The students will set up the equipment in order to investigate the given problem addressed in the 'Teaching Phase' section.
Students will reproduce the force vs. velocity graph from the data collector on graph paper.
Students will identify what forces are the ones represented on these graphs.
Independent Practice: What activities or exercises will students complete to reinforce the concepts and skills developed in the lesson?
As homework for the next class, the students will write three examples in which the Newton's Third Law is applied.
They will have to describe the situations, identify the action reaction pairs, include the force diagrams of the two interacting objects, and the free body diagrams of each object.
Closure: How will the teacher assist students in organizing the knowledge gained in the lesson?
Most of the students have some knowledge about Newton's Third Law. The most common definition they know from Middle School is that for every action, there is an equal and opposite reaction.
As a conclusion, the teacher will ask students to define Newton's Third Law in one short paragraph in their own words. The teacher should advise students against using the text book or internet to find the definition.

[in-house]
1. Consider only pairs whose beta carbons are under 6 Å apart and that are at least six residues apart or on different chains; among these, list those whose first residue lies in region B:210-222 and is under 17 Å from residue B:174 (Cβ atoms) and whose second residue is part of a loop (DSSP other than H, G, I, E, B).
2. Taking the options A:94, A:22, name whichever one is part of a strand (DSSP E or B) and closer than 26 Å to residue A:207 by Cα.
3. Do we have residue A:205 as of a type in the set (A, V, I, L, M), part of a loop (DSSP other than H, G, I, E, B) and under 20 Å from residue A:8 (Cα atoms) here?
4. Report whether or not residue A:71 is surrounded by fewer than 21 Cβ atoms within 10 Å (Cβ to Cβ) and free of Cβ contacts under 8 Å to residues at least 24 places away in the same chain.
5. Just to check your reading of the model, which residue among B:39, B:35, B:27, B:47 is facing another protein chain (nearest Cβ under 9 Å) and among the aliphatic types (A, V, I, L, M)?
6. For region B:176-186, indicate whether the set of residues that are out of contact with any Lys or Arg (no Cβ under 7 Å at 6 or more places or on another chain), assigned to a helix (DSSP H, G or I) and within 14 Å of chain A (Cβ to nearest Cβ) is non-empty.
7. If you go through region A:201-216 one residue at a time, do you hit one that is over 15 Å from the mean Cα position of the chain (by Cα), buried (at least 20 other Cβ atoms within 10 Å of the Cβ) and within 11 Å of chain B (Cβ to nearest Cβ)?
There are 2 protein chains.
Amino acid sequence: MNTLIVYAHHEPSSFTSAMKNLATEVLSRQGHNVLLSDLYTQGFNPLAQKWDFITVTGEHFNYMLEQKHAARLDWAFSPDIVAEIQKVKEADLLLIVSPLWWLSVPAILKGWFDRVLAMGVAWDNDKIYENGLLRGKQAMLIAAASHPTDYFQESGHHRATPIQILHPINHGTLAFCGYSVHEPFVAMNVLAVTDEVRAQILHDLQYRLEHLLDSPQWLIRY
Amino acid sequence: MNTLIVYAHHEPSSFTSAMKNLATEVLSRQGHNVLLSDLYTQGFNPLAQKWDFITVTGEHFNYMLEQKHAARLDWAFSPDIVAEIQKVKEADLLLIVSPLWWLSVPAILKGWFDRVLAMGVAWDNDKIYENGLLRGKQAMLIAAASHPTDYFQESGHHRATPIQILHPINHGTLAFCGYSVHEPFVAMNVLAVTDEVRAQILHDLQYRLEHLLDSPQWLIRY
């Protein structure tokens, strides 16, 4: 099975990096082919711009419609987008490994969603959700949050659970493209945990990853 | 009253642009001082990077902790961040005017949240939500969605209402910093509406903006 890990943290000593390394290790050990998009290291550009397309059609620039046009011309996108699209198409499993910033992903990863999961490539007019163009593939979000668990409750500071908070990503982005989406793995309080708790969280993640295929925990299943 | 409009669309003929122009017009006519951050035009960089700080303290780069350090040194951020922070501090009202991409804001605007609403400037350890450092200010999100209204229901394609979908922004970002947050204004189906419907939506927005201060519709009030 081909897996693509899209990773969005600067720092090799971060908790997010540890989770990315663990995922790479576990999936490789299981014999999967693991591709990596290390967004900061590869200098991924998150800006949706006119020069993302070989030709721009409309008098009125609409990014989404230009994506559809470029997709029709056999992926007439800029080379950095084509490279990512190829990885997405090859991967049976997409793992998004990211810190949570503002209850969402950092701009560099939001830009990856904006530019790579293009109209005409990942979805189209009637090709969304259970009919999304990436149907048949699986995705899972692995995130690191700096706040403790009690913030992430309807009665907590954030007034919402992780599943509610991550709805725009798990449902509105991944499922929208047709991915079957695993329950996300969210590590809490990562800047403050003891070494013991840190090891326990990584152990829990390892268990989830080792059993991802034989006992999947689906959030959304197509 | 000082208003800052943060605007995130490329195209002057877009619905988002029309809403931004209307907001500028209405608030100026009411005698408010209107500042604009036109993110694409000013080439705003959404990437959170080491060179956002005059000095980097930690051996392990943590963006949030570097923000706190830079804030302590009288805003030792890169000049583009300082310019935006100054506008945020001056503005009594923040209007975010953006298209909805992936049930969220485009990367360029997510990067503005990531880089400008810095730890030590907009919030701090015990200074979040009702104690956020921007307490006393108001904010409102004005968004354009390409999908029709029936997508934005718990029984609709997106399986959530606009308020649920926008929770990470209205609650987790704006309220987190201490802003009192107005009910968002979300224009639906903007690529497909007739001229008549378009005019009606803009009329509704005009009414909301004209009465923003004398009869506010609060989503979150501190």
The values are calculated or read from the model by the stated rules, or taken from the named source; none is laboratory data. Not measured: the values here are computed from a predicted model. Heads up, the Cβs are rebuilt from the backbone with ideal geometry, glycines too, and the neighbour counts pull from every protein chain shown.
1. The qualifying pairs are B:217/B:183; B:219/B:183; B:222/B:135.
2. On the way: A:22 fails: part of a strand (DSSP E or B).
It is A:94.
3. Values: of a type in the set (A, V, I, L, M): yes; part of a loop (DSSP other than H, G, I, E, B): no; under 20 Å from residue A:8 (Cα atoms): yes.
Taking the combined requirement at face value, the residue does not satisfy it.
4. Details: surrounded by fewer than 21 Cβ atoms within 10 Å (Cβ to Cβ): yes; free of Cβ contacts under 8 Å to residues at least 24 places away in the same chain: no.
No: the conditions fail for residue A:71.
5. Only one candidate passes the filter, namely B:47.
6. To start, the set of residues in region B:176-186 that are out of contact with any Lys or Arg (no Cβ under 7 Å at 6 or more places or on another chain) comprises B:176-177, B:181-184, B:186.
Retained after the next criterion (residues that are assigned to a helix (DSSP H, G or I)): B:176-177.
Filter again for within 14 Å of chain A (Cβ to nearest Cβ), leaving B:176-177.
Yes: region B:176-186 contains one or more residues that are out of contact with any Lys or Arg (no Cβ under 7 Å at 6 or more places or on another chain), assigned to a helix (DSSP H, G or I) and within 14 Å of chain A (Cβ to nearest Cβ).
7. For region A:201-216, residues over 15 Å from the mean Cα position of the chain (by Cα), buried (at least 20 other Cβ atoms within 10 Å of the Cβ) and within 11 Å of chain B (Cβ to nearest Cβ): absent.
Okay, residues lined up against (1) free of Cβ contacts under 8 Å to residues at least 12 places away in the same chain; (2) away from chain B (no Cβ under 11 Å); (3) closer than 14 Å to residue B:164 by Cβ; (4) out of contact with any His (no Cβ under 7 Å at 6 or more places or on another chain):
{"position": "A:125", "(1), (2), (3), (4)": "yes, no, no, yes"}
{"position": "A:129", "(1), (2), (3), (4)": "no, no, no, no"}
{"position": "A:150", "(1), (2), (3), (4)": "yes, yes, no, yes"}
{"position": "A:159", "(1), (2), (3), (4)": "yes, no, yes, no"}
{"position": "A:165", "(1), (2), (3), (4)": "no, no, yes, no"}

The teacher will ask students to exchange their papers and some students will read the anonymous definitions. Cooperatively students will discuss if the definitions miss anything or state something incorrect.
The teacher will write the definition of Newton's Third Law such as the one here or in your student textbooks (The Physics Classroom) on the board. Then ask students to copy it on their notebooks.
The teacher will present again the question about the horse pulling the cart that was given at the beginning (Teaching Phase) to verify the students' understanding.
The teacher will ask some students to solve on the board the following questions:
- Draw the force diagram for the system horse/cart floor (they have to include all the forces).
- Draw the free body diagram for each one of the components of the system.
- Identify the action reaction pairs present on the force diagram.
Students should be able to identify the following action reaction pairs:
- The force exerted by the horse on the cart and the force exerted by the cart on the horse.
- The force exerted by the horse (equal to its weight) on the floor and the force exerted by the floor on the horse (normal force).
- The force exerted by the cart (equal to its weight) on the floor and the force exerted by the floor on the cart (normal force).
- The fiction force exerted by the horse shoes on the floor (backwards) and the friction force exerted by the floor on the horse shoes (forward).